Ameren relies on Atlanta International, Inc. v. Atchison, Topeka and Sante Railway Co., et al., 938 F.2d 81 (7th Cir. 1981), for its argument that there is no controversy in this case. In Atlanta International, while the defendant had mailed a letter notifying the plaintiff of a verdict and the prospect of settlement discussions, there was no indication that the plaintiff was expected to pay anything. The letter was not a demand for payment. Id . at 82. In this case, there has been a tender of defense and there is a pending case for which Ameren has demanded indeminification from Cincinnati. Therefore, this case is distinguishable from Atlanta International.
While Ameren agrees that no coverage is owed under the specific circumstances raised in Counts I-III, it has not withdrawn its tender to Cincinnati nor has it accepted Cincinnati's offer to defend under a Reservation of Rights. In fact, Ameren issued another tender on July 11, 2014 and further argues that there can be no "case or controversy" until Cincinnati responds to its most recent tender. The amended complaint is a sufficient response to the July 11, 2014 tender, especially in light of the fact that the new tender involves the same claim and coverage issues as the previous tender and Cincinnati has reiterated its position that it will only provide defense under a Reservation of Rights. Therefore, Ameren is on notice of Cincinnati's position and a new tender does not change the nature of the controversy in this case. Ameren's general agreement with the terms of the contract does not resolve the issue as to the extent of Cincinnati's obligations under the facts of this specific case.
Ameren further asserts that the case must be dismissed because Cincinnati has entered into a 50/50 co-primary defense agreement with Bituminous, another insurance company, based on a response by Bituminous to Ameren's tender letter. However, because Ameren has never accepted Cincinnati's offer of defense under a Reservation of Rights, there could be no agreement with a third party to defend Ameren in the pending action. Even if such an agreement existed, it would not resolve the issue of Ameren refusing to accept defense under a Reservation of Rights nor would it resolve the question of what, if any, coverage is owed at all.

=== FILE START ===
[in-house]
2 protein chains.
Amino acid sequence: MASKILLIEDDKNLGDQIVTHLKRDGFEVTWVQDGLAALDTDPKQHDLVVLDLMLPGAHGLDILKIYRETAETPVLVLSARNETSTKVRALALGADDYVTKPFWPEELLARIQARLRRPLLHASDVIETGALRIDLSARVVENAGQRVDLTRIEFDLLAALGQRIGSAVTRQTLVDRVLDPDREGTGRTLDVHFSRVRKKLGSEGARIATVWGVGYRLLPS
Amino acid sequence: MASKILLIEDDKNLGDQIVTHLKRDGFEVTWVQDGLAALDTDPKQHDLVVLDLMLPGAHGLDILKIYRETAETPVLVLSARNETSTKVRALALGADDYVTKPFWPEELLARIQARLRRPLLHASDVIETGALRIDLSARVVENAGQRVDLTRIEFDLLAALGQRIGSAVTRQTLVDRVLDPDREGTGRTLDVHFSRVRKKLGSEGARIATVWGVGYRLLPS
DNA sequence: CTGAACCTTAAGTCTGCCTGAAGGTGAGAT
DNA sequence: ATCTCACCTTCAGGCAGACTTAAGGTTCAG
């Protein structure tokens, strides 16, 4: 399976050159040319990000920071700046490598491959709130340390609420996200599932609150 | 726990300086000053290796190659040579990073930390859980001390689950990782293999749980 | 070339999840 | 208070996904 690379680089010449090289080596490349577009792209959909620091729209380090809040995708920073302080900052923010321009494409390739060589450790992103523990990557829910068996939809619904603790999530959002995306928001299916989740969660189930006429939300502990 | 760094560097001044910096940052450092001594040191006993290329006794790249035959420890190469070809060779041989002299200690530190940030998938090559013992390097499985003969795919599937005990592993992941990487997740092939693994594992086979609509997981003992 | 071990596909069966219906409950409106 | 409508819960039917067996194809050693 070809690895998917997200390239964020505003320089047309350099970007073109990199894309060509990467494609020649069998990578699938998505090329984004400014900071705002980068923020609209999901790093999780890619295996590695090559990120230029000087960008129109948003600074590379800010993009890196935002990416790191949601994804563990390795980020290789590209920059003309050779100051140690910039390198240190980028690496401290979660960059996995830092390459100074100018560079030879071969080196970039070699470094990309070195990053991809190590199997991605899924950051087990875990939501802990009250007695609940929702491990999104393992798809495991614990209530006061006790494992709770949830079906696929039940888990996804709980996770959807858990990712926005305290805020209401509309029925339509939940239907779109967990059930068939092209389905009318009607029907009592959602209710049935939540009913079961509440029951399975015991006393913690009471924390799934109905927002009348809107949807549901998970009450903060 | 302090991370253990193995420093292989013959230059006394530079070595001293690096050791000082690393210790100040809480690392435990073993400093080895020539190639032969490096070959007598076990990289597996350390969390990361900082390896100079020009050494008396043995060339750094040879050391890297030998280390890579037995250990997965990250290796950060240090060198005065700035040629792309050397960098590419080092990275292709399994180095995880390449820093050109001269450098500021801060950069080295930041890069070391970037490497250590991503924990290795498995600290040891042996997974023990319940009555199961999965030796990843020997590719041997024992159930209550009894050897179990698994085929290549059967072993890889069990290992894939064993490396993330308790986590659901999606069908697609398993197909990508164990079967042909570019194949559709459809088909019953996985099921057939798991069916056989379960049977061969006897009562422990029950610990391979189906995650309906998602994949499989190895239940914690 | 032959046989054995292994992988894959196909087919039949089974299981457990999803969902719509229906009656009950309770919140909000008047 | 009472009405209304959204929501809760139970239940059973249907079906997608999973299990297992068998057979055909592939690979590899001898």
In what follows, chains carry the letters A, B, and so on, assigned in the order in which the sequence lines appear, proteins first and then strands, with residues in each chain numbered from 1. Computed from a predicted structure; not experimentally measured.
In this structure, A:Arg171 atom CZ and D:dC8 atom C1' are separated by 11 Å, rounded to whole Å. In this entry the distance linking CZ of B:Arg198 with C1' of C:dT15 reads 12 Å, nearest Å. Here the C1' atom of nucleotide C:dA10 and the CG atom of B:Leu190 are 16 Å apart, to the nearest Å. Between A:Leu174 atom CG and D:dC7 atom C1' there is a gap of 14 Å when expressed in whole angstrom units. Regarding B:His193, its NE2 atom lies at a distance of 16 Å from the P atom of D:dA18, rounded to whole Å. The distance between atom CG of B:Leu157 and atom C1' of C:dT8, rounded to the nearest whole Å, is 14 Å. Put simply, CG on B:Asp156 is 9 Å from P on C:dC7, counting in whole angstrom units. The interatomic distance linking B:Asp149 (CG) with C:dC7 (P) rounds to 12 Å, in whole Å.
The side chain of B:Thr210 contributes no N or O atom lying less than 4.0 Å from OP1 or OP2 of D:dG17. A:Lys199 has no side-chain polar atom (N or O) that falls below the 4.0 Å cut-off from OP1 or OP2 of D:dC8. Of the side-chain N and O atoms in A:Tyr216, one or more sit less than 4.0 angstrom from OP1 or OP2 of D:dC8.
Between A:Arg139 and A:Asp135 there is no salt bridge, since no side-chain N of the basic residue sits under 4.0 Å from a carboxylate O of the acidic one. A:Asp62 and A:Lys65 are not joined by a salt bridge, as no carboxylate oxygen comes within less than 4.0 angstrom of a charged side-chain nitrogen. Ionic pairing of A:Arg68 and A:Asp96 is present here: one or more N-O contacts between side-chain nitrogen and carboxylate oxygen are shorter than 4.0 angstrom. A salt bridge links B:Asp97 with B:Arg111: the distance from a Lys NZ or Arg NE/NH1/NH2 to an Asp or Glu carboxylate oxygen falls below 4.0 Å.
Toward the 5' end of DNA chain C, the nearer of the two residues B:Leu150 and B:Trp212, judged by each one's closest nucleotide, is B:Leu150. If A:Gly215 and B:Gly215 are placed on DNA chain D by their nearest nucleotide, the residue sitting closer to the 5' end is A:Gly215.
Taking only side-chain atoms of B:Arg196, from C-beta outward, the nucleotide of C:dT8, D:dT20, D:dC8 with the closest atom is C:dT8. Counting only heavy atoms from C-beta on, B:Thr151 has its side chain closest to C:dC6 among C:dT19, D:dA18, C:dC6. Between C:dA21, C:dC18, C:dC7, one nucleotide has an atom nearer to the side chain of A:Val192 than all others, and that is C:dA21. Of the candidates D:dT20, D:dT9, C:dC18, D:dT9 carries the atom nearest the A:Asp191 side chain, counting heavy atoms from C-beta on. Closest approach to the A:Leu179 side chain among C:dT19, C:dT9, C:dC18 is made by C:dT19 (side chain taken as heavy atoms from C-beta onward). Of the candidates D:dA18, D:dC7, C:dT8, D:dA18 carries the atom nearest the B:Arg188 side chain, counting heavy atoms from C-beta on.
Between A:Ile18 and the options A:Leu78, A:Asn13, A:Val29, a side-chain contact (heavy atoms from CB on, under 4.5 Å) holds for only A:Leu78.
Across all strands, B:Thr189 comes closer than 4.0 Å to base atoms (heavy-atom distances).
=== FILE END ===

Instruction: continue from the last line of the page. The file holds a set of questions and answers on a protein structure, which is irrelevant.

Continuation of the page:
Ameren also argues that the Reservation of Rights requested by Cincinnati was vague and did not clearly inform Ameren of the rights reserved. However, the reservation clearly asserts the rights being reserved by Cincinnati. Further, even if the Reservation of Rights was not sufficient, it would not affect the Court's determination of whether there is an actual controversy in this case since the defense under the reservation was refused and Cincinnati is seeking a declaration of its obligations under the insurance contract. Therefore, the Court finds that an actual controversy does exist and it is appropriate for Cincinnati to seek a determination of its rights and obligations regarding the issues raised in Counts I, II, and III.
Regarding Count IV, Ameren contends that there is no controversy because of the terms listed in the insurance contract. Specifically, Ameren points to the phrase, "where required by a written contract or agreement, this insurance is primary and/or noncontributory, " and asserts that Cincinnati cannot claim a controversy unless it goes against its own contract. However, Cincinnati is seeking declaratory judgment regarding its rights and obligations and it has pled sufficient facts and allegations to show that a controversy exists regarding whether it is obligated to provide any coverage, whether primary or not. Therefore, while this term is included in the contract generally, there remains a controversy as to how the term applies in this case.
Finally, regarding Count V, Ameren asserts that it has not made any voluntary payments or assumed any liability for the occurrence so the issue is not in controversy. However, the suit against Ameren is ongoing and arbitration is taking place. The purpose of a declaratory judgment is to avoid the accrual of avoidable damages and Cincinnati need not wait until such damages occur to bring suit for a declaration. The fact that there is an ongoing suit against the insured for which the insurer may be liable is sufficient to give rise to a controversy, especially since assumptions of liability and voluntary payments may occur in the course of case negotiations.
For the foregoing reasons, the Court DENIES the defendant's ...